I was never exactly sure whether I became interested in exactly the same things at my insistance or theirs.

But I was interested.

Finding my place was a lot harder this time. I was relearning what I knew about life and I had never had the chance to build up my small reserve of confidence that I suspected they had had. I felt even more lost than ever for a time. I watched my classmates constantly. They way they acted together. They ways they laughed and teased and giggled like fools. The way they enjoyed being together.

I wanted to be with them. I wanted to laugh and giggle with them. Gods, I wanted to be them. But I stood in the background because I didn't know how, simply watching and wanting and feeling angrier at myself each day.

Before too long it all came to a catalyst as everything seems to do when you are a teenager. It's as if our bodies are a strange mix of unfamiliar chemicals just waiting for an accidental element to be thrown in and cause an explosive reaction.

It was during lunch break. I was sitting on a bench in the courtyard, not too far from a group of girls whom I admired. They were strong and confident and outspoken, in short they were everything that I was not and wanted to be. I had heard the teachers mutter to each other that these girls were troublemakers. "Delinquents" they had called them. I didn't care. I thought they were great. I wanted to be just like them.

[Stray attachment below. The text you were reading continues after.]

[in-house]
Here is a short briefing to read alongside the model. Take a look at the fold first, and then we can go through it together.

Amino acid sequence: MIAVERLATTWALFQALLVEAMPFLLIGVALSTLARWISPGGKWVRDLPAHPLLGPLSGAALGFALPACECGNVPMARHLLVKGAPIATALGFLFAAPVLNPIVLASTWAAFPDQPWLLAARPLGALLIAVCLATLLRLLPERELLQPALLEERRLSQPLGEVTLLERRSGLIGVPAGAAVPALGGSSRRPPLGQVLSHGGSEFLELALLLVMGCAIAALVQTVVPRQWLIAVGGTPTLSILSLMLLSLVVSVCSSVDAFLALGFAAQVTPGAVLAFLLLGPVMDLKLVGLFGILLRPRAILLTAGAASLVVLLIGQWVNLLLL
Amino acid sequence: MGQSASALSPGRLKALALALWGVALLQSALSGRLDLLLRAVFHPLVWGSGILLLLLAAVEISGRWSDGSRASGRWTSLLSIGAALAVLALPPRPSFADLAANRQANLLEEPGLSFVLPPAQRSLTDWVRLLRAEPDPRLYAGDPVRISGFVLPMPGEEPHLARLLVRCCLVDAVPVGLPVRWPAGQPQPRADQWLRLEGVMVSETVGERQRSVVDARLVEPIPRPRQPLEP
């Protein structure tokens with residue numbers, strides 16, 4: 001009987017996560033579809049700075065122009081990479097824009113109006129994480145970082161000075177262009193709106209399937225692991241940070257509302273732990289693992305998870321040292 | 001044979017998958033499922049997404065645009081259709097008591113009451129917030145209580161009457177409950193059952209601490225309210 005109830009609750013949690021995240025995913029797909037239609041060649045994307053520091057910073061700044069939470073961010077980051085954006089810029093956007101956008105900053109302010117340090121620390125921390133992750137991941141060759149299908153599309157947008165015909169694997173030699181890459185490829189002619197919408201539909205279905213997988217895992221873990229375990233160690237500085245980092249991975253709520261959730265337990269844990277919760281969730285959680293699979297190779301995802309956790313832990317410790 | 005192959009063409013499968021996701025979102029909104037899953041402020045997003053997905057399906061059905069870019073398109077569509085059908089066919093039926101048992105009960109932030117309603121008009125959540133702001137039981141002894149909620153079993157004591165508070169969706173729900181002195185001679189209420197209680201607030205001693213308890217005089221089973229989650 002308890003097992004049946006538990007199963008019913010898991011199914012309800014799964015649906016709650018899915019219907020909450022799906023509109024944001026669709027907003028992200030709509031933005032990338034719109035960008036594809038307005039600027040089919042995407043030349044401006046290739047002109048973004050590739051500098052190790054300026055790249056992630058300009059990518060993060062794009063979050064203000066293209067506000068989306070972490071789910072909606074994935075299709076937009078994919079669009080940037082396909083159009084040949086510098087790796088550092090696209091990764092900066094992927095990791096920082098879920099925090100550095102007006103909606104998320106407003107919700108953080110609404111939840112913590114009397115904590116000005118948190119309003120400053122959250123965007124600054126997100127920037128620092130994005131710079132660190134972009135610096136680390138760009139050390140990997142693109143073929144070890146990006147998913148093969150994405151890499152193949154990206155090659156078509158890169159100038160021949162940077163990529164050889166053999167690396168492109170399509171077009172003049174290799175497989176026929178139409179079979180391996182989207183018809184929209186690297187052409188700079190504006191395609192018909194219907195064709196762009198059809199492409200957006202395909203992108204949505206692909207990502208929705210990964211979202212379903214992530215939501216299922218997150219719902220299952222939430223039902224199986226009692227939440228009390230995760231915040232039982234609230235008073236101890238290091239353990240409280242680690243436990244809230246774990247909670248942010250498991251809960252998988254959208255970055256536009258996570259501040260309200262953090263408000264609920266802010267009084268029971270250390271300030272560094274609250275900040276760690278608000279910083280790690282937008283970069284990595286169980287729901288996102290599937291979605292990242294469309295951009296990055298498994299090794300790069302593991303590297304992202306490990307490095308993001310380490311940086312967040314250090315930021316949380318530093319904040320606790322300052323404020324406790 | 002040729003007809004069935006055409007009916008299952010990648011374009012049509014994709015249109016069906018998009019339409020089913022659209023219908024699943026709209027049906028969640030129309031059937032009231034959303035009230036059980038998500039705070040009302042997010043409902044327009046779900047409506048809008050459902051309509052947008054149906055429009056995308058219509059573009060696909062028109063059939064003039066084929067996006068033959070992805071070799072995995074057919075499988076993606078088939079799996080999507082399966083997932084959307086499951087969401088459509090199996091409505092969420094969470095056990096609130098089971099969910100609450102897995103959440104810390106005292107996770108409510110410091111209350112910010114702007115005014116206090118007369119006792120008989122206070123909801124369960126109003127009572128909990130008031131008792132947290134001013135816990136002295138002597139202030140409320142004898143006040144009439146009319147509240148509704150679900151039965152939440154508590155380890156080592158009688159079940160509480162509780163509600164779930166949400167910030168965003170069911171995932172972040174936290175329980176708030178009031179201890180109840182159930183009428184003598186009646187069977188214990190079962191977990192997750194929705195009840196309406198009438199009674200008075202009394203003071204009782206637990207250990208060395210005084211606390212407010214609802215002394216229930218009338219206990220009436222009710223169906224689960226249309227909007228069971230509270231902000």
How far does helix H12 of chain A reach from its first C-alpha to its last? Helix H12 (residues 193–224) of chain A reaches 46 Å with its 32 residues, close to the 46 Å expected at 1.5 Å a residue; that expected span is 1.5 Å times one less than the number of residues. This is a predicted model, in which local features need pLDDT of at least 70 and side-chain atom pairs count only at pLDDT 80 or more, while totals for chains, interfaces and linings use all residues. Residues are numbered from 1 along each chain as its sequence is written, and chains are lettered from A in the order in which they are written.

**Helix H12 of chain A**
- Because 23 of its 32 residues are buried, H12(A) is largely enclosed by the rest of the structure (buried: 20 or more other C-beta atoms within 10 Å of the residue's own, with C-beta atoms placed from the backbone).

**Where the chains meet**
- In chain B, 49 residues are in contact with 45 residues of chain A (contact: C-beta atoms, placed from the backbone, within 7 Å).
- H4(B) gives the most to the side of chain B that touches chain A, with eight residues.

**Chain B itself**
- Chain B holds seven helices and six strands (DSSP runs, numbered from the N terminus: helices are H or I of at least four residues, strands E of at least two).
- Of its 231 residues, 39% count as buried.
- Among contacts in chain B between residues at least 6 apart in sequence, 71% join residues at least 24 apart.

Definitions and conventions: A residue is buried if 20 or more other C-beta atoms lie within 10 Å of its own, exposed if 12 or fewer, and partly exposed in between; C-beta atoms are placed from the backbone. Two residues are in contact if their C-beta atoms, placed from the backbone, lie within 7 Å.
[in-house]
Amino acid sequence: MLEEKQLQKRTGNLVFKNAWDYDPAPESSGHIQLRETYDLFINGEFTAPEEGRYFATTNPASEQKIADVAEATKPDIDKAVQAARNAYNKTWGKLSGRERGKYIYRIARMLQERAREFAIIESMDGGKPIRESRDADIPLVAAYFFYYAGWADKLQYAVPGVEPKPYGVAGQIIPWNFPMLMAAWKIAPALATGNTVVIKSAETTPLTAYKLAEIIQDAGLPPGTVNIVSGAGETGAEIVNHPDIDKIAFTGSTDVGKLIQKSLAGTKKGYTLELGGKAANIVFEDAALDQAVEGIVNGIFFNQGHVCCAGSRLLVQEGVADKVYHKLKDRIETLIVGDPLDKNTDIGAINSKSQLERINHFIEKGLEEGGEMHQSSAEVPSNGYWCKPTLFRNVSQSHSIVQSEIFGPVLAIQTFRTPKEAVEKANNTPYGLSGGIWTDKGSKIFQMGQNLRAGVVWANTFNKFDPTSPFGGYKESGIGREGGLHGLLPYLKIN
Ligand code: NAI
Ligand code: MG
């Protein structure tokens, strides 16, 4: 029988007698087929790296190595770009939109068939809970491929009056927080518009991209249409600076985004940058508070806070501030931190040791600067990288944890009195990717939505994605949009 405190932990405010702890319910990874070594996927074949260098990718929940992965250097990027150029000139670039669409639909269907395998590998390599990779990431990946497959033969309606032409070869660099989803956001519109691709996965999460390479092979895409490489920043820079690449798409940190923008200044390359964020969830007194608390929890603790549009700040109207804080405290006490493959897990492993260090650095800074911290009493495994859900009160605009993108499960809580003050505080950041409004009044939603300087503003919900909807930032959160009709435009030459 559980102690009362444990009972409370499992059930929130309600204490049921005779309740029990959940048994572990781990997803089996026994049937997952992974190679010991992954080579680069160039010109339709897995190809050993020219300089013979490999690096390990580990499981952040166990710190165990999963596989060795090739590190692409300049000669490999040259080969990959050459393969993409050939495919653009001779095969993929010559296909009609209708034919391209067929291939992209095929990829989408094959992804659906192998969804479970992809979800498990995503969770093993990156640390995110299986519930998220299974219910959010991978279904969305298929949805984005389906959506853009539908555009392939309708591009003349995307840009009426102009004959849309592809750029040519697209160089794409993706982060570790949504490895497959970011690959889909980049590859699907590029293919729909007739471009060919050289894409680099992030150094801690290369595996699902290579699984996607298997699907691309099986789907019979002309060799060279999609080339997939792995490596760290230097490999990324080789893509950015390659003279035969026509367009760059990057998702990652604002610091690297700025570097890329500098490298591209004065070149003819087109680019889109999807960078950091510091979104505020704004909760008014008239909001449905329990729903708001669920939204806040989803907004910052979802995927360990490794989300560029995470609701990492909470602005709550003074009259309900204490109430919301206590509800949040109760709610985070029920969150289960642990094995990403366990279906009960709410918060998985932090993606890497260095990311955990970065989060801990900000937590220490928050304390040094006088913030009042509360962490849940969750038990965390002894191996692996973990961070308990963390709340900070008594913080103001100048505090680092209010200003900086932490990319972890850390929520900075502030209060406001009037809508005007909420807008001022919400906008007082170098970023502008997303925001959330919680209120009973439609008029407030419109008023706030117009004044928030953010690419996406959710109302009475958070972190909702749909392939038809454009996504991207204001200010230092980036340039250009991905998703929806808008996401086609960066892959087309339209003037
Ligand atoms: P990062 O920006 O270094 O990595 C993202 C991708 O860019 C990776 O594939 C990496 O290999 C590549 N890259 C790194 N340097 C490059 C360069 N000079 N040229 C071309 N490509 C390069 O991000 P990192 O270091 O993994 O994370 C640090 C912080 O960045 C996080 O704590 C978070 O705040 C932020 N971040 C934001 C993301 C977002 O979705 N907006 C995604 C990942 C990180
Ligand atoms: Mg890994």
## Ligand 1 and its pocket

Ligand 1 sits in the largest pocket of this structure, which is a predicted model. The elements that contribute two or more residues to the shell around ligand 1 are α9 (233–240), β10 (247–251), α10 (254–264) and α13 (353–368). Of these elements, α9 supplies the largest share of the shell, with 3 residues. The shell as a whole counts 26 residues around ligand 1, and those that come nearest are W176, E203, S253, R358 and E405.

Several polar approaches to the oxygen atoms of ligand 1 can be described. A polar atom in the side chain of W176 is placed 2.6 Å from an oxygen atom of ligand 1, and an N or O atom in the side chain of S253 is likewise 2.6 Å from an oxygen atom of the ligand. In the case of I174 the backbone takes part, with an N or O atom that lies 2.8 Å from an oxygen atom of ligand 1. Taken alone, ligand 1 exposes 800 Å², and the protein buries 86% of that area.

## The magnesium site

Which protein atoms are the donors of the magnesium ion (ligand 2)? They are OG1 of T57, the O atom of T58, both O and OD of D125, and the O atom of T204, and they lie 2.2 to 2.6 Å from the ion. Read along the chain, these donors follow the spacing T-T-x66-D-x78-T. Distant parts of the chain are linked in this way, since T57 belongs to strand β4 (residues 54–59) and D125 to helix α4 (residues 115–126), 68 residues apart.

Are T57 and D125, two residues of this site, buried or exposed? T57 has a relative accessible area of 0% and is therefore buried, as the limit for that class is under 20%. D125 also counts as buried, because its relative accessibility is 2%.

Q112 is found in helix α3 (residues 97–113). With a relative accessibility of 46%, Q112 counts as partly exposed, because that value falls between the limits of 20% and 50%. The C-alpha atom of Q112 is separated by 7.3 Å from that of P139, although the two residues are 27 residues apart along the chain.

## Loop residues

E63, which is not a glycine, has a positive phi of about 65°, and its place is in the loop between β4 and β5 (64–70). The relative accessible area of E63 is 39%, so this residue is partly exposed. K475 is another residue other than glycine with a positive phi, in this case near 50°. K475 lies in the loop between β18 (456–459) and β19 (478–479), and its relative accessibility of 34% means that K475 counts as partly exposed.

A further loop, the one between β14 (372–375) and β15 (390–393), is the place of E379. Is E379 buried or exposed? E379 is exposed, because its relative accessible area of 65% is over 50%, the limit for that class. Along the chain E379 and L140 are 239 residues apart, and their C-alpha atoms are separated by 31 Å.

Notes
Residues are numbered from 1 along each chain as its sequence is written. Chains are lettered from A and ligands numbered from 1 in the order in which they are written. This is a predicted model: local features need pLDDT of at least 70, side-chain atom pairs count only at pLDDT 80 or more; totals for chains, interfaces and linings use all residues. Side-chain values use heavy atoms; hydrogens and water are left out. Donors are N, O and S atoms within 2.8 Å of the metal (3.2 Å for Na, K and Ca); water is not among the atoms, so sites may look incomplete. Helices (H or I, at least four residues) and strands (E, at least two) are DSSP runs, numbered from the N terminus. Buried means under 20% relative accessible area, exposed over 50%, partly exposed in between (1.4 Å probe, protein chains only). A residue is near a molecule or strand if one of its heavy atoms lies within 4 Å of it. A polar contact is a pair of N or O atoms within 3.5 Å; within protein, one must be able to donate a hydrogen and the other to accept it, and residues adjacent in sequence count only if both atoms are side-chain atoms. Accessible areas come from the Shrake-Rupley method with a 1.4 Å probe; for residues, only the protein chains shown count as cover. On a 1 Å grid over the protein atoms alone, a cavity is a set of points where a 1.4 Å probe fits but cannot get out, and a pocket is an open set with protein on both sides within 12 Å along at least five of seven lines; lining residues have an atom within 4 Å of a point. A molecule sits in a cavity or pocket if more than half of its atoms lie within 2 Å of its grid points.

I was absently watching them while I ate my lunch. I noticed one of the boys in our class walk casually up to them. I think he was one of the more popular guys but I couldn't be sure. My memory of this moment has always seemed somewhat less than real.

They talked for a while and then the girls suddenly laughed. The boy turned bright red and shouted at them. That made them laugh even harder. Angrily the boy stalked away in my direction. I must have been gaping at him because he turned to me and growled "What are you looking at? You're even dumber than they are!" With a sneer he pushed me back off the bench. "That ought to teach you stupid girls some manners!" he laughed and turned away.